Now that you know what your strengths are, the next step is to see which careers will allow you to leverage them to the max!
Career Explorer will help you do just that.
I have no affiliation with these guys, they just have one of the most comprehensive career quizzes I've seen to date (and I've seen a lot!).
First, you start with a section on your Personality Archetype where you'll be asked about different activities and rate how much you'd enjoy doing them.
Career Explorer will use that to give you a specific Personality Archetype with a full breakdown.
Next, the quiz will serve up careers that might match your archetype. Your job is to rate how much you'd like to do them on a scale of 1-5.
When you're done with this section, Career Explorer will serve up a few initial matches for you — but you can refine them by submitting more info.
In the next section, the quiz will ask you about your background — education, work history, where you live, and what your compensation looks like.
Finally, the quiz will ask you a series of questions about what you enjoy about specific roles and what you'd like to avoid. For example:
- Your work environment fosters a culture of competition
- You're responsible for managing others
- You work independently / alone
- Your work has a real impact on people's lives
- You spend most of your days working outdoors
- You have an unpredictable work schedule
When you're done here, Career Explorer will spit out some career matches for you as well as a Personality and Trait report to help you make sense of your answers.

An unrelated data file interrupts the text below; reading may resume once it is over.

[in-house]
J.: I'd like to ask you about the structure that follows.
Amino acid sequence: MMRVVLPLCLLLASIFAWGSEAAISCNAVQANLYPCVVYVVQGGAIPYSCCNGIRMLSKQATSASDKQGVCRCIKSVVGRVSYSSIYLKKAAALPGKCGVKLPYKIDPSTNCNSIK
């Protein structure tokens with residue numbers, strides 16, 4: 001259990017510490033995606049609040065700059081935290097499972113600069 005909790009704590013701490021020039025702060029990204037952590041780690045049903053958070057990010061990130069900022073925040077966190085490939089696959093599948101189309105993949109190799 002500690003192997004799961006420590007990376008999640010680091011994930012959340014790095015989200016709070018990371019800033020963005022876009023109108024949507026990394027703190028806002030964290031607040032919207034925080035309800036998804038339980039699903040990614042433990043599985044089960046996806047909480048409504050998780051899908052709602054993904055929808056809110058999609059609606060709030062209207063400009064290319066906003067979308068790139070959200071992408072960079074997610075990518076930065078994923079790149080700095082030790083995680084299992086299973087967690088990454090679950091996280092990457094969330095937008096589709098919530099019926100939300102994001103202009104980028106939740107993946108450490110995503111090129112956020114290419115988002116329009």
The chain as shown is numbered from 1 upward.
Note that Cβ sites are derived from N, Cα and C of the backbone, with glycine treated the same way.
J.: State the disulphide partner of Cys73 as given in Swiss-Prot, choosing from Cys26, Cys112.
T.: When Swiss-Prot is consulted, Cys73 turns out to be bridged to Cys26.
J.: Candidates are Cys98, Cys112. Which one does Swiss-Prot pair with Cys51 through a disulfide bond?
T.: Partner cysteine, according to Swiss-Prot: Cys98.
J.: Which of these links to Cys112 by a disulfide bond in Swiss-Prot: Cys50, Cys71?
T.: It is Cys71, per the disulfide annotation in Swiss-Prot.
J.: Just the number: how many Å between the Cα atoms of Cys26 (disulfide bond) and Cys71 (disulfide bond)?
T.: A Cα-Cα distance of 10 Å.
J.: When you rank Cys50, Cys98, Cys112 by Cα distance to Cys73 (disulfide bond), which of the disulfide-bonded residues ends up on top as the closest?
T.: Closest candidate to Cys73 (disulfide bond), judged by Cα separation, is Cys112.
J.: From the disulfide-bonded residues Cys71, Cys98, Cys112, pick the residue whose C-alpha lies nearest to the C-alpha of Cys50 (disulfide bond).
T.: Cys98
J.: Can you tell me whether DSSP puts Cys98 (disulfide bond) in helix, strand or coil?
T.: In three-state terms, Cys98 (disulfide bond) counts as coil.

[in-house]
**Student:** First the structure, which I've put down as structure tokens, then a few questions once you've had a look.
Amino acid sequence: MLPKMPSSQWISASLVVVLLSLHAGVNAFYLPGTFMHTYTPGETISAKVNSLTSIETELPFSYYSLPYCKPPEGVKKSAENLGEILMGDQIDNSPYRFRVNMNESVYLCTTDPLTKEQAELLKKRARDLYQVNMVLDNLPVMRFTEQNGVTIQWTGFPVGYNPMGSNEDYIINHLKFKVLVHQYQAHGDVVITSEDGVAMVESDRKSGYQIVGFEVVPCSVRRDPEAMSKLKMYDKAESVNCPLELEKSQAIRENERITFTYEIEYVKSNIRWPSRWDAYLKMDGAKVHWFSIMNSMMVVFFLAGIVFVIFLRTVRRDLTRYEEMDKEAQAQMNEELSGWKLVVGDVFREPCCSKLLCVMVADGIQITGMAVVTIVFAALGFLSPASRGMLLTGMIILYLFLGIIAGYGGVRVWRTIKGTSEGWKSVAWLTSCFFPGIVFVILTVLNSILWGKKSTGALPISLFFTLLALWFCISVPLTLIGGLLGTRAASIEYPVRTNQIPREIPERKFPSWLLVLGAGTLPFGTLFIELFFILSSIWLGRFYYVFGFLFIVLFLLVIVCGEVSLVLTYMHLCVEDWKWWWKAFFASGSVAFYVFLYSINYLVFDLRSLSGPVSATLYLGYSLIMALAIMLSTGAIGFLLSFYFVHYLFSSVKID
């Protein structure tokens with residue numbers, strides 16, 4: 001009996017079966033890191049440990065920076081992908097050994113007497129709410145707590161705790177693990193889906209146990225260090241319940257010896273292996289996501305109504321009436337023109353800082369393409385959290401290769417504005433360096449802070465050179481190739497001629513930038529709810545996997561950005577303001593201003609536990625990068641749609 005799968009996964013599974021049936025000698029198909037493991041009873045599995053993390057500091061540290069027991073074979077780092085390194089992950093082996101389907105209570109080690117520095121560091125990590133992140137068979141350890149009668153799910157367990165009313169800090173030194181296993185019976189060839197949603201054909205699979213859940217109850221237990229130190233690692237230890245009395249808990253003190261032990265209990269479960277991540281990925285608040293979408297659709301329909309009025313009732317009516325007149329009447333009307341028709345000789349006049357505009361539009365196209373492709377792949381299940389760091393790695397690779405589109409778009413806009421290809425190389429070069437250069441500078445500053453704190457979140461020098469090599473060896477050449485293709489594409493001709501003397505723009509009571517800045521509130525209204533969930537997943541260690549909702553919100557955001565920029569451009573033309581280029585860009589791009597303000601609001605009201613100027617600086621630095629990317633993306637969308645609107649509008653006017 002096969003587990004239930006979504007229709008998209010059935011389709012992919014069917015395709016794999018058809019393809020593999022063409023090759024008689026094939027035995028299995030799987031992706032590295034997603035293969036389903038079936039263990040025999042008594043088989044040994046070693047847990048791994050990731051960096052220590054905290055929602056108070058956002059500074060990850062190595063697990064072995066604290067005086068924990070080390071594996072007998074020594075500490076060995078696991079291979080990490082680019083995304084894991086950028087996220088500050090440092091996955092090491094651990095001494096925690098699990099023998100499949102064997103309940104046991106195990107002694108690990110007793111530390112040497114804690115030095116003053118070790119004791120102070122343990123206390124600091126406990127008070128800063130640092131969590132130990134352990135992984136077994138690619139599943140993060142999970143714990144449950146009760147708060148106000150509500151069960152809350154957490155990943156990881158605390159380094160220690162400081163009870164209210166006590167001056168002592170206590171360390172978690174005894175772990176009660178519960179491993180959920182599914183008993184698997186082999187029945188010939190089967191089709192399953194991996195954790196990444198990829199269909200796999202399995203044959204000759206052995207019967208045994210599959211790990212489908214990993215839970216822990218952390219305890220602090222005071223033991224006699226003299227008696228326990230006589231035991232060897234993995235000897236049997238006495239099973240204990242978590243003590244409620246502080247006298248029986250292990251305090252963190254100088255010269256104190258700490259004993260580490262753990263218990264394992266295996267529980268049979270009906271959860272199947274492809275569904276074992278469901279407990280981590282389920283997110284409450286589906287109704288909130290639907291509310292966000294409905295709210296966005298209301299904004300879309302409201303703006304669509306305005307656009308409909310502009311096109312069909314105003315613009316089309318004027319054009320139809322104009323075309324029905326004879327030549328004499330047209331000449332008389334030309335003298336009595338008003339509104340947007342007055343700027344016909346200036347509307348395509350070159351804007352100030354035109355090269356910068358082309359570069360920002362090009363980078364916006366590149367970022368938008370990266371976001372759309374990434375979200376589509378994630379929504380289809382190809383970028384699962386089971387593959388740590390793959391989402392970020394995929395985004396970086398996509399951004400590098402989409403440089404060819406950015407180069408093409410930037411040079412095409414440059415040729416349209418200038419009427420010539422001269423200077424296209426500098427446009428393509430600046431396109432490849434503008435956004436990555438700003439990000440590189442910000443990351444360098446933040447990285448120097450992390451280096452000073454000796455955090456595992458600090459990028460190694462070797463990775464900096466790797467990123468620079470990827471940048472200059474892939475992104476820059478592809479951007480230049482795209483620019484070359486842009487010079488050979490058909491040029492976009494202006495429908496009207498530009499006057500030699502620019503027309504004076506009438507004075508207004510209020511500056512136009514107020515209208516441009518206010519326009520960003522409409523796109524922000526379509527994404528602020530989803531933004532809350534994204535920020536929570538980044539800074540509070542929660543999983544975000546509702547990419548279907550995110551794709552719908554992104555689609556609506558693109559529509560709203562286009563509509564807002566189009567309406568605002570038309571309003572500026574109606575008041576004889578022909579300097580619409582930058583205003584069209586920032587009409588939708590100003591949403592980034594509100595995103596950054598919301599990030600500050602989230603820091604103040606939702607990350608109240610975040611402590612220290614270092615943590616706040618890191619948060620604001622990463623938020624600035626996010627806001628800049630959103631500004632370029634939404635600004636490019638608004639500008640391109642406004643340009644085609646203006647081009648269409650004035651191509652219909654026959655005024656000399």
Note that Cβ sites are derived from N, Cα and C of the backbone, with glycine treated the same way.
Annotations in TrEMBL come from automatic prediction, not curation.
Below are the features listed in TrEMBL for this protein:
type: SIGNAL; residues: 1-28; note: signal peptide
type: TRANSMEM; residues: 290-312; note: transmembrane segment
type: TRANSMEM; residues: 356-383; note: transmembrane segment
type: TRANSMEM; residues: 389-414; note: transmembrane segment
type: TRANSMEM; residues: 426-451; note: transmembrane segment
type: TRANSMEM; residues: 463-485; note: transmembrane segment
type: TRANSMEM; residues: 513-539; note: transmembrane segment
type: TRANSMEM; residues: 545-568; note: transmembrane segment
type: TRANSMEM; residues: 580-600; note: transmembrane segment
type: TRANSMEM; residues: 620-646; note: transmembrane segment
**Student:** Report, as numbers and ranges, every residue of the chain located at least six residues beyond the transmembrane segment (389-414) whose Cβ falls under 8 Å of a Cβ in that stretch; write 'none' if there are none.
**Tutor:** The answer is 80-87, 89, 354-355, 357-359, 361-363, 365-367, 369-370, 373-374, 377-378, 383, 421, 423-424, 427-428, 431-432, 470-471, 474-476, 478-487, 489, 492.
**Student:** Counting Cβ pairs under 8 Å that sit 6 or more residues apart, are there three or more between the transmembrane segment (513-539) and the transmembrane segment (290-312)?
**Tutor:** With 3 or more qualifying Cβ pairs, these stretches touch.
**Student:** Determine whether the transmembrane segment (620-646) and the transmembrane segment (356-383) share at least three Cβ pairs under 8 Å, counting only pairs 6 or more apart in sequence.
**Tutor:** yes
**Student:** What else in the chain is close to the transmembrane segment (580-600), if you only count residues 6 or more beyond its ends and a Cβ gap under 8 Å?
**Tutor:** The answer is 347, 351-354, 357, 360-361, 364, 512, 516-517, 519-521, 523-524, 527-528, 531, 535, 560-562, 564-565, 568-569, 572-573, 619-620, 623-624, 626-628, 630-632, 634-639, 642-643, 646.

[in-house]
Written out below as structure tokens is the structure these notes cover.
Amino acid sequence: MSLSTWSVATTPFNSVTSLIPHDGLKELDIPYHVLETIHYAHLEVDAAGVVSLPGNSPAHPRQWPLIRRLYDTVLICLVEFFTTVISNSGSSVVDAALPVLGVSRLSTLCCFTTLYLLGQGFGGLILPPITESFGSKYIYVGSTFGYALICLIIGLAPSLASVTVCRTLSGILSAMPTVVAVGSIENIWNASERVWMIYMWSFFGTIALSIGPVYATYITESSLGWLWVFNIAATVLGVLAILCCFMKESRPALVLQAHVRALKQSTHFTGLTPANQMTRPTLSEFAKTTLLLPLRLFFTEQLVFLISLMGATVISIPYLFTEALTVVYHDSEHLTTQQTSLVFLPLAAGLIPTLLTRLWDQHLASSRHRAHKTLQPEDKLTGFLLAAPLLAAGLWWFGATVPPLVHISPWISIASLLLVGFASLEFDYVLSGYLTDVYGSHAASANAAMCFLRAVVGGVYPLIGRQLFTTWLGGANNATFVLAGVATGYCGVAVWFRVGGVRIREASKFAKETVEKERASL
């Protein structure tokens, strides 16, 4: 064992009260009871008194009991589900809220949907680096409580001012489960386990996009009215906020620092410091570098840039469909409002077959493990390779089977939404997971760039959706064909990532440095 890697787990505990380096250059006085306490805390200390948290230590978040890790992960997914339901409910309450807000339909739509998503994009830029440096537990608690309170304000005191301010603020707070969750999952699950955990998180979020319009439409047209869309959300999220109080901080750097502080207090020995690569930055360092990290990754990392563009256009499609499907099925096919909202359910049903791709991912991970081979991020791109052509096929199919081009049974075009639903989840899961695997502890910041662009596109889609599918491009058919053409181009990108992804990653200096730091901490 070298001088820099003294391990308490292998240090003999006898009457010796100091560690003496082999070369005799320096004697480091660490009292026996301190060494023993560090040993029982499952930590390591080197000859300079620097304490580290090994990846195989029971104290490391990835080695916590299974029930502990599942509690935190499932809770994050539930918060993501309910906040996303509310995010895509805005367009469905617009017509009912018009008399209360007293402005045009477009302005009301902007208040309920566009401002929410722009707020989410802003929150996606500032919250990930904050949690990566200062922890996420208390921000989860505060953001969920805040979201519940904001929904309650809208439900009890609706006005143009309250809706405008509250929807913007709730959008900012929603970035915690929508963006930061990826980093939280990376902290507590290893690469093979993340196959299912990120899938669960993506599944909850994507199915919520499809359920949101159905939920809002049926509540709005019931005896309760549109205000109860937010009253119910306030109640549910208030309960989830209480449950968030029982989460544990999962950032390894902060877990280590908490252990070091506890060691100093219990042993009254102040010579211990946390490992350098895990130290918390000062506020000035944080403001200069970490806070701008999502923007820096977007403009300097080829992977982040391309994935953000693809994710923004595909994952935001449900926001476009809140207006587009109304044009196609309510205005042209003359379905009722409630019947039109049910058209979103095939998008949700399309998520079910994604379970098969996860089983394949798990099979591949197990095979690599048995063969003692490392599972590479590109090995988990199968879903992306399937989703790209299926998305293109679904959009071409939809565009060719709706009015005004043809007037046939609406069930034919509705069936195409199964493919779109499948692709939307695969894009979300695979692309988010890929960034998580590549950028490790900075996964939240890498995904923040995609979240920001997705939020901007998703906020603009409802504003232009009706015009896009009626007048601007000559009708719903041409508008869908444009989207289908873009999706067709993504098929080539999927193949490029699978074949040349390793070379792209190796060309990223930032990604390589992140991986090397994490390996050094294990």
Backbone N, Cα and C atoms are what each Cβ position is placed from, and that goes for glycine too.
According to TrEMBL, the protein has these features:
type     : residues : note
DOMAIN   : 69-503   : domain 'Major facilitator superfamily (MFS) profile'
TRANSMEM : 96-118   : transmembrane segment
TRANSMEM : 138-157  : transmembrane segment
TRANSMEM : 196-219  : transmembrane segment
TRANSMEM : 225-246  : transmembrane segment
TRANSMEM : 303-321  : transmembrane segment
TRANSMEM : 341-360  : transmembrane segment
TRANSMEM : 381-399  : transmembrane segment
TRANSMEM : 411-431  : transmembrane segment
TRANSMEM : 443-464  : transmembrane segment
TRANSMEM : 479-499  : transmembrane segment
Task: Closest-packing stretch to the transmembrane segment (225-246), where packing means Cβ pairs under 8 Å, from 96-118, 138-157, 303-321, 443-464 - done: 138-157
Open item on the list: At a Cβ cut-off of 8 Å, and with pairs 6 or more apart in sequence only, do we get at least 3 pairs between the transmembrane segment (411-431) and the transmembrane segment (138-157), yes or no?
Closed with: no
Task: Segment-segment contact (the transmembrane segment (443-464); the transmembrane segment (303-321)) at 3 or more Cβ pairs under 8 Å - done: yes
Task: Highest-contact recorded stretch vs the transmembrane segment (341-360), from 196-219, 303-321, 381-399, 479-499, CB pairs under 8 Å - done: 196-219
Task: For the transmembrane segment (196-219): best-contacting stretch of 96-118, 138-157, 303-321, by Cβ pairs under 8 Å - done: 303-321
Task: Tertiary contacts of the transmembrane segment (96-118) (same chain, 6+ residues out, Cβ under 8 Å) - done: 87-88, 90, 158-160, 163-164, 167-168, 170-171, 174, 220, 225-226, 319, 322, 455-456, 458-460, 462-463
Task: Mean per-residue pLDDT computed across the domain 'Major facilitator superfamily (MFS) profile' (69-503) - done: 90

These matches paired with your Lifestyle Mapping worksheet are a great jumping off point for our next step.
Step #3: Learn From People Who Have Already Figured Out Their Life
At this point, the pre-work is done.
You may not be clear on the exact title that matches your purpose, but at least you have some core values, priorities, and a general direction to reference.
Our next step is to get out there and find people who are already living those values and use them to create a roadmap.
Only Take Advice From People Who Already Have What You Want
When I was struggling with my job search, I sought out the same people most of us look to when we need help: family, friends, and Google.
The problem was, most of these people didn't understand what I was struggling with and they hadn't been where I wanted to go.
Sure, they were successful in their own rights but they hadn't had to do a soul searching expedition to figure out what they wanted and they certainly hadn't tried to get in the door at Microsoft or Google with a biology degree and 3 months of professional experience.
One of the best pieces of advice I've ever received was to “only take advice from people who already have what you want.”